“Hey, everybody,” Lucas said as they walked up the slope toward us, “you’re not the first call of the night, if you can believe it. Someone nailed a dog to the front door of the… ” Lucas smirked, “Power’s home, and that’s after he freaked out because someone called him to tell him to keep our noses out of the ‘Hidden Legion’s’ business. Am I right to assume they’re the people we fought on Wednesday?”

“You’re right,” I said.

“Looks like we’ve all stepped in something big.”

“Very big, but we can one up you with the dead bodies. Ours was a person.” Cassie said.

Haley looked over at her.

“He’ll see it on the news anyway,” Cassie said.

Lucas turned his head back to me. “They don’t play around, do they?”

“No. I guess they don’t. That’s why we called. We’ve been thinking we should coordinate better in the future.”

Lucas nodded. “Good idea, but it’s going to get complicated. You know my real identity, obviously. I realized that after your hospital visit. Thanks for healing me, by the way, but there are a few things you probably don’t know. Like just for example, my dad’s bringing in some guy to train us.”

“Who?” Cassie asked.

“I don’t know. All I know is that he’s experienced in fighting. Former special forces. Something like that, and he won’t just be training us. It sounds like my dad’s putting together some kind of army.”

17 thoughts on “Graduation: Part 5”

  1. FIRST! If my comment clears the spam box in time.

    Anyhoo, I’m getting tingly as the plot continues to thicken. I already figure the new trainer isn’t Lee, but then, who could it be.

    And….isn’t raising an army going to be worse, especially for the innocents in Grand Lake?

  2. Hey Bill… You’re at the very least, the first human being to comment. There’s an automated website response that beat you, but that really doesn’t count.

    As to your last comment, I wouldn’t count on anybody to do anything that makes things better for a while.

  3. “We were,” Haley said, “but it’s okay. It can still work out.”
    I don’t know if it’s intentional, but my dirty mind had a field day at this point… And I doubt I’m the only one.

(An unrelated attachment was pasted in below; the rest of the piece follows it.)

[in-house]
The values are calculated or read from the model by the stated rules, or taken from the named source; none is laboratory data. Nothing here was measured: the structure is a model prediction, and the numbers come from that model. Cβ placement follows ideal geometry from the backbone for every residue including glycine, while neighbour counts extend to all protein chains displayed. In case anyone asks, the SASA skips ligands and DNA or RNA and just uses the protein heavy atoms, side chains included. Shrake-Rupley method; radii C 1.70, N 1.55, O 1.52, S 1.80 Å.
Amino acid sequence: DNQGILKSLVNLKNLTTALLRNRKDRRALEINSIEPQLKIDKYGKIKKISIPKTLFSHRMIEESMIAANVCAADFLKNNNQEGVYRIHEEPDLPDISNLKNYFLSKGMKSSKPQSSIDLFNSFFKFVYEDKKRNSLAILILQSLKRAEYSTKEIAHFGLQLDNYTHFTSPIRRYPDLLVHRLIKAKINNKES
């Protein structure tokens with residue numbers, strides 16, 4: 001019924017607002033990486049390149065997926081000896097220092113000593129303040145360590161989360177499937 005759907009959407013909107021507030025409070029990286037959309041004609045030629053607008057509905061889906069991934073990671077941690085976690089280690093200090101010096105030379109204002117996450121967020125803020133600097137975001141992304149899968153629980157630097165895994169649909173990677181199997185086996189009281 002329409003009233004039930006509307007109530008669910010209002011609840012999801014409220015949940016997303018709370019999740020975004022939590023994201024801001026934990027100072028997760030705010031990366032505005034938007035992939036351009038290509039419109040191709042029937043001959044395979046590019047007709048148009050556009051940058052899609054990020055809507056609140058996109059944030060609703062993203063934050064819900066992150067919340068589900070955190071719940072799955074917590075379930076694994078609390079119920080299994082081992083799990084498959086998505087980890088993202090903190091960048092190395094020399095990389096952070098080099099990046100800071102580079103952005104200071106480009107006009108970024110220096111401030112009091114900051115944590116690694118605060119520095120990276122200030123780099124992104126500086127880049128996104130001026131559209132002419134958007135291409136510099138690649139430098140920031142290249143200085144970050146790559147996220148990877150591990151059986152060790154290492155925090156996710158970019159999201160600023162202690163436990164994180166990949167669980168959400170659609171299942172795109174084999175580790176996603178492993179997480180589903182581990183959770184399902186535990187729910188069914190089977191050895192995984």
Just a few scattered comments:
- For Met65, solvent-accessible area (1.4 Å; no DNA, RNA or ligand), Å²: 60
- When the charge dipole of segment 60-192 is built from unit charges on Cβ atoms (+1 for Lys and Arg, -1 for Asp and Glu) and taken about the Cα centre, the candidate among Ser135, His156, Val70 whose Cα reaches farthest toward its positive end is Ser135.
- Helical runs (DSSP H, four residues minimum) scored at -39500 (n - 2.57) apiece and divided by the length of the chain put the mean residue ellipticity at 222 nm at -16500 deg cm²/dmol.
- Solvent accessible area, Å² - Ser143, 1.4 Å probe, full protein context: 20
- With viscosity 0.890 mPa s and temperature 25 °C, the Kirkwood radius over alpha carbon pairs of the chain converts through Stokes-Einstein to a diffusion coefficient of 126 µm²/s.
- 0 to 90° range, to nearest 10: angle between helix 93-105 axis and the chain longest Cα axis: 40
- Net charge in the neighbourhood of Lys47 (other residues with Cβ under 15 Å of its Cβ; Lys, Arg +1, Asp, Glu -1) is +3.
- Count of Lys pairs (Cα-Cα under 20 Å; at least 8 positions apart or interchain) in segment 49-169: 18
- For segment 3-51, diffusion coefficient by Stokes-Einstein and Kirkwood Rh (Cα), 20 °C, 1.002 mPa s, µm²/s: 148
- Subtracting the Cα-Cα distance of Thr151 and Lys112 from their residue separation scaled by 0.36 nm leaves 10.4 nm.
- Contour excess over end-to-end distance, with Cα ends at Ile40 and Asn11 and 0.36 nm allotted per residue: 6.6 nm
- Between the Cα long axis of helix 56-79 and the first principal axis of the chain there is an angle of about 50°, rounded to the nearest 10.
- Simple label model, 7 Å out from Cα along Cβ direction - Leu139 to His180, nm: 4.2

4. Mazzon: I wondered if someone might take it like that. It passed through my mind too. I may have to rephrase things…

    Eli: We’ll see.

  5. Great they are getting kids to off people, well that’s one of their army down. Sadly getting to the rest is going to be a lot of trouble. And I didn’t think Fist made it out ok, still having your name known will cause lots of problems.

    Like your family in the line of fire and friends, I wonder if he has figured out why most are secret now.

  6. Wanderhome: They got distracted by the dead body, and recognizing one of the people involved.

    Also, the camera they were viewing from was looking down from the top of the building which isn’t an ideal situation. They’ve got a better view of the van’s roof than the back (which I hinted at, but didn’t directly say).

    All the same, a good point. I’m sure the police will think of it, if no one else.

    Daymon: I’m confident that Sean’s having some serious reservations about the whole public identity thing.

  7. So… you spring a supers killer to try and train your army of supers kids?

    Yeah, this is going to go great! ><

  8. “I didn’t learn much.” She looked apologetic, and she started listing what she’d said. ” His last meal was pepperoni pizza, and he must have been sleeping in the park downtown because he smelled like dirt and grass.

    Shouldn’t “said” be “smelled” or “found”?

    When you said they were going to meet at a piano factory, I had a loony tunes moment — or maybe Roger Rabbit. “How do you know a toon killed him?” “He dropped a piano on him.”

  9. Thanks for noticing. I’d actually intended it to mean “what she’d said to the police” so I made it a little more obvious.

    As for Roger Rabbit… It’s been long enough since I saw that movie that I don’t remember the joke. It’s still funny though.

    Though personally, I’d be even more sure if had been an anvil. Unfortunately we’re unlikely to have an anvil factory show up.

  10. Hi again. I’m still loving this story.
    I found a sentence that needs a correction. “Killing someone just a demonstration for us?” It needs an “as” after just.

    1. Well, the assumption I’m making is that they were limited in certain areas by the materials and tech of the period they were in. Nick’s grandfather could develop new technology, but he prioritized tech that allowed him to stay alive when punched or shot over communications in the 1940s and 1950s. It was simply a time issue.

      That said, what’s also true is that Nick’s working with the surviving tech. When you get further along, you’ll learn that Nick’s grandfather was involved in creating protocols that supers all over use to communicate. Those could never work or be used with the devices Nick and the team are using at this point. Nick either didn’t find the devices that did work with those protocols or they were destroyed before the story starts.

      The funny thing about really old tech is that it sometimes lasts longer than newer, more fragile tech.